Editorial: WSU pedestrian fee an unnecessary disconnect between students, faculty
Published: Tuesday, February 5, 2013
Updated: Monday, February 4, 2013 23:02
It isn’t unheard of for a university to charge fees for things like parking, campus police or even general maintenance around campus. However, students at Worcester State University in Massachusetts are being charged a fee simply for walking on campus.
The $72 annual pedestrian fee has been going toward maintaining walkways and other pedestrian necessities since 2010. Officials of the university claim that it’s an unfortunate mandatory fee to make up for a turbulent time of decreased state funding. The university already charges students parking fees, similar to those here at UConn. While the parking fees are optional, many at WSU claim that the parking provided by the fee is inadequate.
At UConn students are charged upwards of $100 for parking passes in order to live on campus, commute or keep a car here. While parking is adequate, it’s not yet ideal.
The real issue at WSU is the fact that students are charged a mandatory fee for something that they cannot avoid being – a pedestrian.
It’s not by any means uncommon for a university to set up mandatory student fees. In this economy, it’s one of the most prominent ways for them to get money. However, when it comes to something like a pedestrian fee, it’s difficult for those who have to pay it not to feel taken advantage of, or take it a bit personally. Students don’t see a benefit from this fee and it’s almost equivalent to a fee for breathing in that there is no possible way to avoid using this service.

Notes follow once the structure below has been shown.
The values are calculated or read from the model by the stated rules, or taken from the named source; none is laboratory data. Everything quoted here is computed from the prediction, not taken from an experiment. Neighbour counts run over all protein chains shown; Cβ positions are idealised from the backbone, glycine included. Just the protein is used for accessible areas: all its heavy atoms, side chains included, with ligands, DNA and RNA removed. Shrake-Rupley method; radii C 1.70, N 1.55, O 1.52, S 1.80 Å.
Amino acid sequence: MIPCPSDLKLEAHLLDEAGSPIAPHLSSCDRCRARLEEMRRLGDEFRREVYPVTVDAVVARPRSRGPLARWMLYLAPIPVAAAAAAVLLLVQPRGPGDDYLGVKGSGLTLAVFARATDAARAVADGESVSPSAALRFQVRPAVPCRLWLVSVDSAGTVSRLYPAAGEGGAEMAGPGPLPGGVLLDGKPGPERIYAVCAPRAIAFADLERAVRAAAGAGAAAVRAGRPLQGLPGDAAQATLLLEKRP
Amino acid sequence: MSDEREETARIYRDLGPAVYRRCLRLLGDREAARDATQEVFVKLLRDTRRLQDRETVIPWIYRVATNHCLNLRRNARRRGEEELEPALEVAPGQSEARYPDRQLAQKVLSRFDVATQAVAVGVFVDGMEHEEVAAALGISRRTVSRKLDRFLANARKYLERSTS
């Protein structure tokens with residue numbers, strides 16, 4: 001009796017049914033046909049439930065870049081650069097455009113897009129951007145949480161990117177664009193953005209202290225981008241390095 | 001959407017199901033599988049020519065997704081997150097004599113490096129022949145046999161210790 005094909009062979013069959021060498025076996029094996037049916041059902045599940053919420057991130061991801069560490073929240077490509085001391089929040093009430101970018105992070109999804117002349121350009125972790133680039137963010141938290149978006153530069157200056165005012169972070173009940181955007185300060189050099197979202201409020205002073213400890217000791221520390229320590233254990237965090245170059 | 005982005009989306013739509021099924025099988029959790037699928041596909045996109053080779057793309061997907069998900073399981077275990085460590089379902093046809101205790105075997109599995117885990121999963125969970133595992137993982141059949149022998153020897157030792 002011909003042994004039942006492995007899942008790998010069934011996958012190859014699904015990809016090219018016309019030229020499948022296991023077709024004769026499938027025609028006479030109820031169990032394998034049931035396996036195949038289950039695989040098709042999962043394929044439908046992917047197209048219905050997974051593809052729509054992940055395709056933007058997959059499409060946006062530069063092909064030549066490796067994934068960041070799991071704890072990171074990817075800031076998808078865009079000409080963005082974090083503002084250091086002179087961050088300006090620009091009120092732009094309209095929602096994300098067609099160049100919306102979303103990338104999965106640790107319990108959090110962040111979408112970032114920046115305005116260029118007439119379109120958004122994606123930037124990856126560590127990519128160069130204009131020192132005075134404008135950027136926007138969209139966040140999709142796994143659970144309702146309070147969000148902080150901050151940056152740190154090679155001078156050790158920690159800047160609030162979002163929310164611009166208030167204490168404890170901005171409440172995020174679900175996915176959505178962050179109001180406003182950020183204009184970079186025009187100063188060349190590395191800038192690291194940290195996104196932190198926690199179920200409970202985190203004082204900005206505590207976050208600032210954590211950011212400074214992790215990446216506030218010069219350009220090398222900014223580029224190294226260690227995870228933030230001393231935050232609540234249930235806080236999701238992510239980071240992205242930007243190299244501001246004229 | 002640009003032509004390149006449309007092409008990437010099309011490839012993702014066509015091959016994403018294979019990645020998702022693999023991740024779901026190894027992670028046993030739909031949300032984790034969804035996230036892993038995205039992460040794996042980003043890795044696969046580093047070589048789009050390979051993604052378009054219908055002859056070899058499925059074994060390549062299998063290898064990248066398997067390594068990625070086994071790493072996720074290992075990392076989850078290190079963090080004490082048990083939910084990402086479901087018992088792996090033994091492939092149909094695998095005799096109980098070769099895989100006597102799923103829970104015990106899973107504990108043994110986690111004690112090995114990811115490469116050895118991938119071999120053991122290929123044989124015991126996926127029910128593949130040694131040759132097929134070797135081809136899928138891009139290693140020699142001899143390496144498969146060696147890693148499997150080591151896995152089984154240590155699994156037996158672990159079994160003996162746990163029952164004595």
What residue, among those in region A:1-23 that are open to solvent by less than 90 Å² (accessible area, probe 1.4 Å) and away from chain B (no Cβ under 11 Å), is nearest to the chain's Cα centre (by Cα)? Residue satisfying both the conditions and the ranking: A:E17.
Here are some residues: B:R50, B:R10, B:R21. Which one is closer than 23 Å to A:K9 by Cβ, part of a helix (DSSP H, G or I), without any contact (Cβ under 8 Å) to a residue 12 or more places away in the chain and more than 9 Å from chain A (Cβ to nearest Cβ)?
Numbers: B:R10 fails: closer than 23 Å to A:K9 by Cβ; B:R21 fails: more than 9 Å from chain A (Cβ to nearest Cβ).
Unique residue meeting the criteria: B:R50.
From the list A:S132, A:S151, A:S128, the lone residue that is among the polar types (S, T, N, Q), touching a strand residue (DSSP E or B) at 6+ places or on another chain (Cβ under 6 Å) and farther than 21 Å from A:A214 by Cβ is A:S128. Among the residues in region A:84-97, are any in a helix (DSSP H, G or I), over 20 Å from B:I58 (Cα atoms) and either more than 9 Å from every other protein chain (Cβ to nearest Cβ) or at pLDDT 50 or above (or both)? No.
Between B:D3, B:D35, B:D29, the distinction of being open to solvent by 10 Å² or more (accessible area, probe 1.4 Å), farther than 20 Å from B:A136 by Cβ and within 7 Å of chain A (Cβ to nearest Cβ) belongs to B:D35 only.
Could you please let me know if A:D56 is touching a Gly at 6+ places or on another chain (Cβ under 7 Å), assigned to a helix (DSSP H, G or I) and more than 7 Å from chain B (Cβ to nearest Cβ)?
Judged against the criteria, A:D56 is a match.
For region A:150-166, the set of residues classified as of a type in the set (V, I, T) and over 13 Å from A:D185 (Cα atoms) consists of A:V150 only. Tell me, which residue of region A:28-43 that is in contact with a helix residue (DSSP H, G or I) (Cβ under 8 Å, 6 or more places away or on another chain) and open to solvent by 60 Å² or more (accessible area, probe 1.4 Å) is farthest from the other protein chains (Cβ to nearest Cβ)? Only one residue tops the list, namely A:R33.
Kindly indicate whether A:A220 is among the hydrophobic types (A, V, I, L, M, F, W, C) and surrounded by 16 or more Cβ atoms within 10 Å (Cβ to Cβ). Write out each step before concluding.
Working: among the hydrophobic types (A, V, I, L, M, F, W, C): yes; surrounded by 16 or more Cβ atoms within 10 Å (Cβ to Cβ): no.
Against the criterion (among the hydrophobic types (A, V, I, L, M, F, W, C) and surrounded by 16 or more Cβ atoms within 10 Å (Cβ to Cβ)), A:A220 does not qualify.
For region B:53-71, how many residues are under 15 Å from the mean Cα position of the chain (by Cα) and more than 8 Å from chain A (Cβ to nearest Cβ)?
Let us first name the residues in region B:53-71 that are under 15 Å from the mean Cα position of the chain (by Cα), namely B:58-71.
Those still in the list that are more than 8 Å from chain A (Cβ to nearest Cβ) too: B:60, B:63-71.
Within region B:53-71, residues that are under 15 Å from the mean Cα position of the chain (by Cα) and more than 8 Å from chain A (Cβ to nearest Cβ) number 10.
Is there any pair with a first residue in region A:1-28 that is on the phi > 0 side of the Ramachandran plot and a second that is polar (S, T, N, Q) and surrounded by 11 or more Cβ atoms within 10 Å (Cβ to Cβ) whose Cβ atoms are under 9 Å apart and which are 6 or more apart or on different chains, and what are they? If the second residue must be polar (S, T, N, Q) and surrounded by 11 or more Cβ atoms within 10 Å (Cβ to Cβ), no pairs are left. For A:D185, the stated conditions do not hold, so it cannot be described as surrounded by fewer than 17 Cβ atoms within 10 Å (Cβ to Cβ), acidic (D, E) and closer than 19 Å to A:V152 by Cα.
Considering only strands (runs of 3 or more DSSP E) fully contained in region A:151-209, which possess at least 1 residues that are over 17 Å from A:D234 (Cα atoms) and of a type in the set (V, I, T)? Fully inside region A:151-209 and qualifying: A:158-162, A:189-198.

If universities are strapped for cash and are in the unfortunate position of having to charge students fees in order to keep things going, it’s necessary not to let those fees get out of hand, such as this $72 a year fee for students. While it may not seem like much in the grander total of student tuition. To keep it in perspective, $72 is only about $28 less than the optional student-parking fee here at UConn. Imagine being a commuter and paying for sub-par parking in addition to spending $72 just to exit your car and walk to class. Higher education is a noble goal but even the smartest of Americans will have difficulty justifying such costs to their families and their wallets.
The key here is not to condemn the idea of mandatory student fees. They’re obviously a necessary evil for universities to function. However, in the case of WSU, the fee is a bit heavy handed and has resulted in students a disconnect with their university. If fees are abused in this way, the mentality on campus becomes students versus the administration, a relationship that benefits no one.